Representing experts across various fields, University of Houston sources have expertise in an array of topics related to storms – before, during and after.
Teaching Doctors to be Teachers Focus of Special UH Master’s ProgramHealth professionals from Texas Medical Center applaud course on its fifth anniversary
For several hours a week, though, they also are students learning how to become teachers through a specialized master of education program offered through the University of Houston College of Education. “Doctors can go through years of school and have little formal training in how to teach students,” said Bernard Robin, UH professor and program coordinator. “The curriculum is specifically tailored for healthcare professionals who want to become better teachers, since they are often asked to pass on what they know to the next generation of healthcare workers.”
The program—officially titled Master of Education in Teaching with an Emphasis in the Health Sciences—began six years ago when Nancy Searle, a UH doctoral graduate hired by Baylor College of Medicine, collaborated with the college’s Wilford Weber to begin offering graduate courses in the Texas Medical Center. She said doctors spent so much of their life learning their specialty, but would benefit from instruction on how to teach it to others. Classes are held at Baylor College of Medicine and the Jesse Jones Library, and occasionally on the UH main campus. To date, about 50 physicians, researchers and others working in healthcare-related jobs have enrolled in courses and about half have received a master’s degree.
“They really like the technology courses I teach because they can use the skills right away,” Robin said. “They’re eager to learn how to improve their lectures with PowerPoint, how to create better instructional graphics and how to add video or audio to a Web site. There’s an immediate benefit on the technical side.” The 12-course program includes classes on curriculum development, models of teaching and instructional design. The health professionals who participate also learn about educational and psychological measurement and how to design, administer and evaluate research studies.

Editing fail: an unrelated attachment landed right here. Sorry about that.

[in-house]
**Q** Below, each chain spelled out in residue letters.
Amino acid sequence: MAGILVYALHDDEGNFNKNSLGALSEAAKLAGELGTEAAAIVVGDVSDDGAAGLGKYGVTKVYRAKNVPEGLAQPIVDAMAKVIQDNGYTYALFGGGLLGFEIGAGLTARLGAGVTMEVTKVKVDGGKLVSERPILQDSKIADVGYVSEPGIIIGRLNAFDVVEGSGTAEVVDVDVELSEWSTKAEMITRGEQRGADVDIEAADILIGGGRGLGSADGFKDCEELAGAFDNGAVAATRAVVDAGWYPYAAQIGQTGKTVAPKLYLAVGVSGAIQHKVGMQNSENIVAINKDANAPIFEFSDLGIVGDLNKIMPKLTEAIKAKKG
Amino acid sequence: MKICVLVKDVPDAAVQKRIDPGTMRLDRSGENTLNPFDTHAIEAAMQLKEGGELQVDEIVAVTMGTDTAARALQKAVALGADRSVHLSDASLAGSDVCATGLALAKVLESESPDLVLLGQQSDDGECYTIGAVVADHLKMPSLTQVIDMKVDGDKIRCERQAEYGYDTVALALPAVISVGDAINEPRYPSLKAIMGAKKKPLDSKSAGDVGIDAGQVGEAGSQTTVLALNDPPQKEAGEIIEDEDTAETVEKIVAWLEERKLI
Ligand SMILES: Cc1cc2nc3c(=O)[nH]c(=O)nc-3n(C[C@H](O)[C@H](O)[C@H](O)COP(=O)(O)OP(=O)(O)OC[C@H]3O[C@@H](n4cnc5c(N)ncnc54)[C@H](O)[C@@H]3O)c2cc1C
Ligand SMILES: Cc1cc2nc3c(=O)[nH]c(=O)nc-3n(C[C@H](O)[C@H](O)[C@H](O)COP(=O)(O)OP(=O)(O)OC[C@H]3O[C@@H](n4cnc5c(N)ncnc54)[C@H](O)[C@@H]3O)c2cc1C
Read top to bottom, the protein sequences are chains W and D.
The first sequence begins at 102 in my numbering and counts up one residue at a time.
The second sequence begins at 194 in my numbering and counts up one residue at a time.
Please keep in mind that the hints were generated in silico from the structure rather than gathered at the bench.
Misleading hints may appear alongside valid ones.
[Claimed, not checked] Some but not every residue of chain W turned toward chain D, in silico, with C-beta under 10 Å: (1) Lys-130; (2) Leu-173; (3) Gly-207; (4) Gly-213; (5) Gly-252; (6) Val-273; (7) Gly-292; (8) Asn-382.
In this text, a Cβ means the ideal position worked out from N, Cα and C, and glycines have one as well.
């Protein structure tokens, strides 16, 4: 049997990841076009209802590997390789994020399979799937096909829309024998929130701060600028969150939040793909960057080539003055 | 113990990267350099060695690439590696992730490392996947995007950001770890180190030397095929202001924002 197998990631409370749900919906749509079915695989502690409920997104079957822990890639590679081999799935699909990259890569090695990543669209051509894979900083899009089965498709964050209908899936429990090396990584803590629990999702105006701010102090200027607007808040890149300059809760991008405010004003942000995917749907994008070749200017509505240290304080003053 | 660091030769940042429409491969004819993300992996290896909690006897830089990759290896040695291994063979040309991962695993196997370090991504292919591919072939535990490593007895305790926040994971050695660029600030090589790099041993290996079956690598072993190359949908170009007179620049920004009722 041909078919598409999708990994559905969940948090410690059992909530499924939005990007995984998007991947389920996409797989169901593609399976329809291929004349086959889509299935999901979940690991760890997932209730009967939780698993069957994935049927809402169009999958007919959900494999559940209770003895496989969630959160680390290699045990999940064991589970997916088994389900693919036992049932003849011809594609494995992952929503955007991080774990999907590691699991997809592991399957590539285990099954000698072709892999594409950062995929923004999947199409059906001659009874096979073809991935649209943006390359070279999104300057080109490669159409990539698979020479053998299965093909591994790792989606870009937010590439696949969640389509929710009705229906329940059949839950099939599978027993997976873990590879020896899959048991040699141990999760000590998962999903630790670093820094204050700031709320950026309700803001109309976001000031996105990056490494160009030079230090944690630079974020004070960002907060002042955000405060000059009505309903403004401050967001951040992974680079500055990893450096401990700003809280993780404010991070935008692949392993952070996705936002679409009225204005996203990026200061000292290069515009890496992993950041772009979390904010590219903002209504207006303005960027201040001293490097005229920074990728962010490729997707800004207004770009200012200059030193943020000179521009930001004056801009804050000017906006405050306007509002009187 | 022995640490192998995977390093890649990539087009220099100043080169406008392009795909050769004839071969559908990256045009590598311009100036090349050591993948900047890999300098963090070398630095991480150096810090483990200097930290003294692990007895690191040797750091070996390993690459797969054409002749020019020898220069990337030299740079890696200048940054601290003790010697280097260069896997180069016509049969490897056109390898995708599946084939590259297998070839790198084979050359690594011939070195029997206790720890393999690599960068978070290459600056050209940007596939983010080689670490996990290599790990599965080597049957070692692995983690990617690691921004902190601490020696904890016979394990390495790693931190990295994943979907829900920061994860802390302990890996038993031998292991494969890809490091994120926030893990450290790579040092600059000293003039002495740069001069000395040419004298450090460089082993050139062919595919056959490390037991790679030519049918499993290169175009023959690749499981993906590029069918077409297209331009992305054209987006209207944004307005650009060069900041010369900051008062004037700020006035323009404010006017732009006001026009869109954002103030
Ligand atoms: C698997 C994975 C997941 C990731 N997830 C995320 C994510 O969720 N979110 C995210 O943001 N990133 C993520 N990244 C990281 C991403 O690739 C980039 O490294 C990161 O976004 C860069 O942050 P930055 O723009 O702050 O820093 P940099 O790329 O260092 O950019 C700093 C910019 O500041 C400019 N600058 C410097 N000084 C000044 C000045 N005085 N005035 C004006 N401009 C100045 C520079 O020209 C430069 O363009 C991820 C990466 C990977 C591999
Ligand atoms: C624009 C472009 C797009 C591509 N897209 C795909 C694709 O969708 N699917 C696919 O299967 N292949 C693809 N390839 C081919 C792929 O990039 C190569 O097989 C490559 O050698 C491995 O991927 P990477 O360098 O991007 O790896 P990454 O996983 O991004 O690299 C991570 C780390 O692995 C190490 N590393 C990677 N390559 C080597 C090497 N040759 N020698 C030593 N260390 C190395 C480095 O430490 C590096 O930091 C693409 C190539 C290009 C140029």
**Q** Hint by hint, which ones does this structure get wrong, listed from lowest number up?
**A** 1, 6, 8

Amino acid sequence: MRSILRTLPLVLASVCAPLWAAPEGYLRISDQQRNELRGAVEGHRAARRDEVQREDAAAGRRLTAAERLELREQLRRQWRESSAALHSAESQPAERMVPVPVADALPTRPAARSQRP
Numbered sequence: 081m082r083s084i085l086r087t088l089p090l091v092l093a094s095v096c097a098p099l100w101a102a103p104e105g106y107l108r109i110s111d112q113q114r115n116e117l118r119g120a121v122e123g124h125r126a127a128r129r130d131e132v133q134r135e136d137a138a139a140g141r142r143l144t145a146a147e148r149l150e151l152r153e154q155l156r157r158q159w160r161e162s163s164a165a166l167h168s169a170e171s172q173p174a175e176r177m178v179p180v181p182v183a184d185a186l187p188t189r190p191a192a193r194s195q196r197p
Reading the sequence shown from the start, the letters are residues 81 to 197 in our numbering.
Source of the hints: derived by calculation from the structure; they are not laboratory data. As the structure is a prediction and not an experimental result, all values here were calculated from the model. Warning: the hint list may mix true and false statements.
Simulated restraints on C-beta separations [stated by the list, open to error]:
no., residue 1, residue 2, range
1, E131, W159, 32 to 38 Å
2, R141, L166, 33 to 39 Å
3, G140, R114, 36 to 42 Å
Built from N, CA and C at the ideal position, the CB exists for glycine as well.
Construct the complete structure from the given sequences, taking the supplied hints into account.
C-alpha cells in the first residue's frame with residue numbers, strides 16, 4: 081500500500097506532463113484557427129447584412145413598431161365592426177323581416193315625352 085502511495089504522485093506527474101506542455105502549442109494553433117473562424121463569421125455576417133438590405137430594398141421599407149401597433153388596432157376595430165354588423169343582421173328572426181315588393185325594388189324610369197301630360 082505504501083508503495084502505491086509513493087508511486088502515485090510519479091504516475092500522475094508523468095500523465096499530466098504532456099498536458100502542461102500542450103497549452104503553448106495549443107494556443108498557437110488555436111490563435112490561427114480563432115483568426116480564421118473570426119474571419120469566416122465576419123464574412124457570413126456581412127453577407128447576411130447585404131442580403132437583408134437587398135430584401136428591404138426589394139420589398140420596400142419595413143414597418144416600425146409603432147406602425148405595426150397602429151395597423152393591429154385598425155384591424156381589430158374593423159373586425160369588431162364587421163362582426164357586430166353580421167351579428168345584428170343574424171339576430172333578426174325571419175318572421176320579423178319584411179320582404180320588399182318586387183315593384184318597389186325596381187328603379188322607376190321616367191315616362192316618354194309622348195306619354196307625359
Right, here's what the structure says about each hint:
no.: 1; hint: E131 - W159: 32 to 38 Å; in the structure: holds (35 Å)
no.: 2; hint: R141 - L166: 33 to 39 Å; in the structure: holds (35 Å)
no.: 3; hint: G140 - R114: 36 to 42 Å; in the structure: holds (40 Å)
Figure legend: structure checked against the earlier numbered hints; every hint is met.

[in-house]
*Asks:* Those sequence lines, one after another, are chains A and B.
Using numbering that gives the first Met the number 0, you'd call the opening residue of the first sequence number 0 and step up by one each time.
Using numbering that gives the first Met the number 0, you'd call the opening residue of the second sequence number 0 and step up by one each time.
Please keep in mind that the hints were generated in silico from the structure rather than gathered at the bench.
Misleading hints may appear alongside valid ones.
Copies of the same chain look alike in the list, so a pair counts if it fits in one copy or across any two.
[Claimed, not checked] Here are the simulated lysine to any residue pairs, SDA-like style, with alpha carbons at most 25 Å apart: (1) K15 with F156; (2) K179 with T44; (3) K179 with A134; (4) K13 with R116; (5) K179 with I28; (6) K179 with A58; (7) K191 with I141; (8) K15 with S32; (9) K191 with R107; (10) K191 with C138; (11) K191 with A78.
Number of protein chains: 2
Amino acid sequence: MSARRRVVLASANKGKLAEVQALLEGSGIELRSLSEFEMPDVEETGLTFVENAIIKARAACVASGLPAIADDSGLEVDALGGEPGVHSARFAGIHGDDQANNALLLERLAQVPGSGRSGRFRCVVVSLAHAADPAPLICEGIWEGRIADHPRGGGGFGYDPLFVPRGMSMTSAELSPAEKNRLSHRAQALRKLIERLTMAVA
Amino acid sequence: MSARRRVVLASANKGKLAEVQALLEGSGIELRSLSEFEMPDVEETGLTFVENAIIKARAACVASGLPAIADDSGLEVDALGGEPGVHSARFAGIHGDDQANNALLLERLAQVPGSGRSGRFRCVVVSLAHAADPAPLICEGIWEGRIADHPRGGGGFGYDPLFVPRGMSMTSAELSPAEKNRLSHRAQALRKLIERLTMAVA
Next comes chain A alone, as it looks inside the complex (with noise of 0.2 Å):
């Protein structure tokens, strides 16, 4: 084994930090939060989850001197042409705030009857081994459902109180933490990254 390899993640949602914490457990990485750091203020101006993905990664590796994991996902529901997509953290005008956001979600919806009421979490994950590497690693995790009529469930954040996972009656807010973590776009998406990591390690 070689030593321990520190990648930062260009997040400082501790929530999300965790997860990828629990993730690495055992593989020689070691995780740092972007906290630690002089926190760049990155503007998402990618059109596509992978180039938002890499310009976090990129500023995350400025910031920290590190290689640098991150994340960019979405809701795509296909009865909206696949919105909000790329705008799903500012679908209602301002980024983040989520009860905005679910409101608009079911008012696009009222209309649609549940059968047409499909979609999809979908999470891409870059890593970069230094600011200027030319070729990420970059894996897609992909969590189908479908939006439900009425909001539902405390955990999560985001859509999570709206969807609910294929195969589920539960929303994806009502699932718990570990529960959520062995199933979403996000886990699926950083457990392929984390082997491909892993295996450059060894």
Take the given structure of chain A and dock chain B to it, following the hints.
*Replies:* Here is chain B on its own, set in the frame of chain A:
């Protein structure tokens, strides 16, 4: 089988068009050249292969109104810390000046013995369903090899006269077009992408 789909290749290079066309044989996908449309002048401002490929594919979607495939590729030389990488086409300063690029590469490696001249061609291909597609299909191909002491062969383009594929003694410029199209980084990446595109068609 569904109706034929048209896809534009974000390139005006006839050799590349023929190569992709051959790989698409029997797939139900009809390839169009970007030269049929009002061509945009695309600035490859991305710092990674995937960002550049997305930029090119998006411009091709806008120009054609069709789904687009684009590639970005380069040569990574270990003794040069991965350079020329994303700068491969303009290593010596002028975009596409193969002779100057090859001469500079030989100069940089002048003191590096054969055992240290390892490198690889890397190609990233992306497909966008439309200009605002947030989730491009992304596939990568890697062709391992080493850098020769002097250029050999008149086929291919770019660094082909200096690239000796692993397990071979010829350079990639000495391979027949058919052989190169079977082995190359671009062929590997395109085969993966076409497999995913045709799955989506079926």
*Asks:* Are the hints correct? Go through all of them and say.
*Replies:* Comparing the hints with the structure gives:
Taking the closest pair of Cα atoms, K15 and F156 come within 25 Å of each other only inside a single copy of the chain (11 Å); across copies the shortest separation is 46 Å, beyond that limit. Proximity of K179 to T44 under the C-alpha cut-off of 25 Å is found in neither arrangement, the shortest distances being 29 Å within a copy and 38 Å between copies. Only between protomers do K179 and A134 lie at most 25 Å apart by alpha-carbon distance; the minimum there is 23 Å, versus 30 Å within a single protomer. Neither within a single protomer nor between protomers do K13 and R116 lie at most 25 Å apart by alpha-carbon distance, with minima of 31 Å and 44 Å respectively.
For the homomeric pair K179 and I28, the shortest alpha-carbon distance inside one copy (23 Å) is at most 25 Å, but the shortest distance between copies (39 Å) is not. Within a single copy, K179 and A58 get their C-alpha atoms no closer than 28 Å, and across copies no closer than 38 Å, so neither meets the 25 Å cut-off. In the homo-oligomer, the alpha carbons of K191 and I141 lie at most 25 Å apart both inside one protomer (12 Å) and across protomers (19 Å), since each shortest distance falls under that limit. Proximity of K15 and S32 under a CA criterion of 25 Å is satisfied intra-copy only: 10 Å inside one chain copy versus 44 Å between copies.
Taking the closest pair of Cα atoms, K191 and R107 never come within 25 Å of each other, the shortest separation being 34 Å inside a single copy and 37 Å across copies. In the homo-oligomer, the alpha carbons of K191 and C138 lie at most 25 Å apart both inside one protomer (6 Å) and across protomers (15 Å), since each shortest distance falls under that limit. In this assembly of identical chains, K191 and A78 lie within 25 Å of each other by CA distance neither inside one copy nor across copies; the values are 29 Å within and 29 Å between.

“My ability not only to teach, but also quote the literature, has made me a better educator. I have done things I never thought I could accomplish, such as be a co-investigator on a National Institutes of Health grant, and I now feel comfortable doing the majority of my own statistics,” said Dr. Teri Turner, associate director of House Staff Education for the Department of Pediatrics at Baylor College of Medicine. “I also can say that the training I received aided my promotion to associate professor of pediatrics and to being selected to the American Academy of Pediatrics’ editorial board. This program provided me with the springboard to succeed.”
Robin hopes to expand the program to include more students from other Texas Medical Center institutions, as well as offer more courses that match students’ needs. He’d like to add advisory groups and mentor programs for graduates, and is hopeful the curriculum will appeal to even more students who want their skills as teachers to match their skills as healthcare professionals.
“These students are just terrific. They’re accomplished, extremely bright and motivated to succeed—the kind of students every professor hopes to have,” Robin said.
Graduation for the College of Education, which includes a number of students who are completing the Masters Program, is set for 9 a.m., Saturday, Dec. 15 at Hofheinz Pavilion.
For more information on the UH College of Education, visit www.coe.uh.edu/.